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JAVA limitations!!

Ambar Tyagi
Greenhorn

Joined: Sep 06, 2006
Posts: 1
Hey can anybody tell me what type of applications java can never be used for or shud not be used for!!!
Pradeep Kadambar
Ranch Hand

Joined: Oct 18, 2004
Posts: 148
Hi Ambar,

I would just like to say that 'Googling' is a better option to get answers for this type of questions.

Ranch can be well used to get answers that requires bridling 'Java'.
Daniel Gagnon
Greenhorn

Joined: Aug 27, 2006
Posts: 13
Anything that's highly platform dependant. Java is inherently multi-platform and you'll have great pains to tie your code to a specific platform.
Dana Bothner-By
Ranch Hand

Joined: Jul 28, 2006
Posts: 37
I keep reading dark warnings about not using Java to control nuclear power plants or airplanes. What's up with that?
Ulf Dittmer
Marshal

Joined: Mar 22, 2005
Posts: 42946
    
  70
Originally posted by Dana Bothner-By:
I keep reading dark warnings about not using Java to control nuclear power plants or airplanes. What's up with that?


Two reasons I can think of off the top of my head are 1) that Java (or rather, the current crop of JVMs) is not a real-time system, mostly due to the delays that can happen due to GC, and 2) that Java has not seen the kind of QA you'd want in a system on which lives depend.
Campbell Ritchie
Sheriff

Joined: Oct 13, 2005
Posts: 40052
    
  28
Welcome to the Ranch.
As people have said, anything platform dependent. For things like operating systems you would require access to the numbers which represent memory locations (called pointers), which is impossible in Java.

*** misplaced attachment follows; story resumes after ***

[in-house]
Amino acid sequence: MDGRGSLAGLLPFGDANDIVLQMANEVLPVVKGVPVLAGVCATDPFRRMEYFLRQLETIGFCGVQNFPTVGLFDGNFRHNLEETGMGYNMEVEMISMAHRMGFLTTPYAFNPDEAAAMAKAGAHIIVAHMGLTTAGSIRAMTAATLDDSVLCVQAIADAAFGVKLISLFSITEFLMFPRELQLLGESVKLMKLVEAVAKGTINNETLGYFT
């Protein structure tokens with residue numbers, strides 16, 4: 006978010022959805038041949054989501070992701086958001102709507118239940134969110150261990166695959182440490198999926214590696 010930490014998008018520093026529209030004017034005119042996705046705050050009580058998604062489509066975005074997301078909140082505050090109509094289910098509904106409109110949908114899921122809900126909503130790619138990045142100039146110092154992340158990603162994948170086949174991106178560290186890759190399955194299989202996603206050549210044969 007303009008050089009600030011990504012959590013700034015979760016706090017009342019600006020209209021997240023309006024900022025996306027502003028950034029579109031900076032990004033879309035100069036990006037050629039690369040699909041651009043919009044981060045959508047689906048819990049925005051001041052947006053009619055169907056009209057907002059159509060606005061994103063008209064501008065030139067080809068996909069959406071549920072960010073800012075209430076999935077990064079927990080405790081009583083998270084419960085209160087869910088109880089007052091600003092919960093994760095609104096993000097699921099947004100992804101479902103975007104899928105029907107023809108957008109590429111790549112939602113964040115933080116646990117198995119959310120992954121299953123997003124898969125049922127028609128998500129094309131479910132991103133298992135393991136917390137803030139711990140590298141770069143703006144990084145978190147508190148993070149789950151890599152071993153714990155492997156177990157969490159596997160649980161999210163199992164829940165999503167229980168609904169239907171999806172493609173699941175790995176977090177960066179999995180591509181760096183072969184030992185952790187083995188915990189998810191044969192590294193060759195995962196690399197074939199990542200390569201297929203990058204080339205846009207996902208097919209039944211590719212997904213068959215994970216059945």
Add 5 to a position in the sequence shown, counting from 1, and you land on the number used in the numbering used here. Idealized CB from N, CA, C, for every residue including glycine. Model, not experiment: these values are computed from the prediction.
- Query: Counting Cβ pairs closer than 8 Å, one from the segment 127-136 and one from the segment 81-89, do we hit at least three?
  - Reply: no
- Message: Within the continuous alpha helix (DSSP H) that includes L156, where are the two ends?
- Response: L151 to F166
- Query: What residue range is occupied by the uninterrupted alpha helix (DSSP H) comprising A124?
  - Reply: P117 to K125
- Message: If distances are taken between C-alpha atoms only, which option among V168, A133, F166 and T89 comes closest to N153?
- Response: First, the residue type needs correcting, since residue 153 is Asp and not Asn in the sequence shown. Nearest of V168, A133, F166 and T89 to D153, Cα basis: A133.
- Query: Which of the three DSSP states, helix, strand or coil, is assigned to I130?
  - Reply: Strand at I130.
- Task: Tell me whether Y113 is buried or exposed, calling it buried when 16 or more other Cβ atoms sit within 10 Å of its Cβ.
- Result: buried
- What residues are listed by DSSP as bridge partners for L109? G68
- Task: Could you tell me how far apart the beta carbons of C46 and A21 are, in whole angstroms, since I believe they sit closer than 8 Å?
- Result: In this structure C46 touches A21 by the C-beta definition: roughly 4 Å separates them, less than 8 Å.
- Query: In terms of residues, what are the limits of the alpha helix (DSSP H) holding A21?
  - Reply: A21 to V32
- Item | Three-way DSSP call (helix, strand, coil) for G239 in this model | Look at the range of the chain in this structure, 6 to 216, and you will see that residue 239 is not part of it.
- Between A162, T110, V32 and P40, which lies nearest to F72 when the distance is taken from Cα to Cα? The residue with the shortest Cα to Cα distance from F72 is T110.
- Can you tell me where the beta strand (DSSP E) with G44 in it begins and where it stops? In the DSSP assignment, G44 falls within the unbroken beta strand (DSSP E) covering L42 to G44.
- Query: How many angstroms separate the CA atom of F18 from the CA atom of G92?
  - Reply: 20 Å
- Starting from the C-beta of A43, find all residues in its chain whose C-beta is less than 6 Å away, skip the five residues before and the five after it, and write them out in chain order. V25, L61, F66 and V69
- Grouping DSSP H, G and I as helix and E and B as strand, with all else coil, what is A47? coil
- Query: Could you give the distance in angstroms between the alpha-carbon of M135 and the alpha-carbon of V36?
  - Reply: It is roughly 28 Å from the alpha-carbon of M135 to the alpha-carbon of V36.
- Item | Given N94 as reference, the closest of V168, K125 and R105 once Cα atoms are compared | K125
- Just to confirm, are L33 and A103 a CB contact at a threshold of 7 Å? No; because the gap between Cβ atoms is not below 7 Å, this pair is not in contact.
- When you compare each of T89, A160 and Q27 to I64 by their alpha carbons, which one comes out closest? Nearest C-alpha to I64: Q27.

For nuclear power plants, aircraft controls, etc, people tend to use programming which has a very small "footprint," ie fewer kB in the whole code than there are MB in Java, because (as Ulf Dittmer says), intensive testing is much easier on a small language.
I have a friend who works in railway signalling etc, and he told me once they got a PC and put a "cut-down version of Linux" on it, which occupies about 15kB, so there was so much less to test for reliability.
Dave Casman
Greenhorn

Joined: Sep 12, 2006
Posts: 6
Originally posted by Dana Bothner-By:
I keep reading dark warnings about not using Java to control nuclear power plants or airplanes. What's up with that?


If you're using the SDK from Sun, then it should be pretty obvious why you can't use Java to control nuclear power plants. When you downloaded the SDK you had to accept their license agreement. To quote:
You acknowledge that Licensed Software is not designed or intended for use in the design, construction, operation or maintenance of any nuclear facility.

Since most of us do get Java from Sun, we clearly cannot use Java to control or operate nuclear power plants. It has nothing to due with whether Java is suitable for the job. It flat out is not allowed.
Robert Hill
Ranch Hand

Joined: Feb 24, 2006
Posts: 94
It is not allowed because it is not suitable. They didn't put that in the license for no reason. Like was already said Sun's JVM is not a real time system(ecessary for safety systems) and hasn't been thoroughly tested enough to be dependable enough when critical and life-threatening functions are needed.

Another thing that Java could never be used for(unless large changes are made) is in embedded devices. I am not talking about cell phones either. There are many devices being developed that couldn't even come close to fit the ME JVM, Which is why C will rule the embedded market for some time to come. Not only is it smaller, there are compilers for far more platforms in C then Java. So Java is also obviously not suitable where a JVM is non-existant.

There are other things that Java generally isn't used for, but could be. Game programming is one. Java can be used to write intensive 3D games, with openGL or DirectX, and is being done more and more, but likely won't overtake C and C++ as languages for games. It isn't used for a myraid of reasons, some legit and some not.
 
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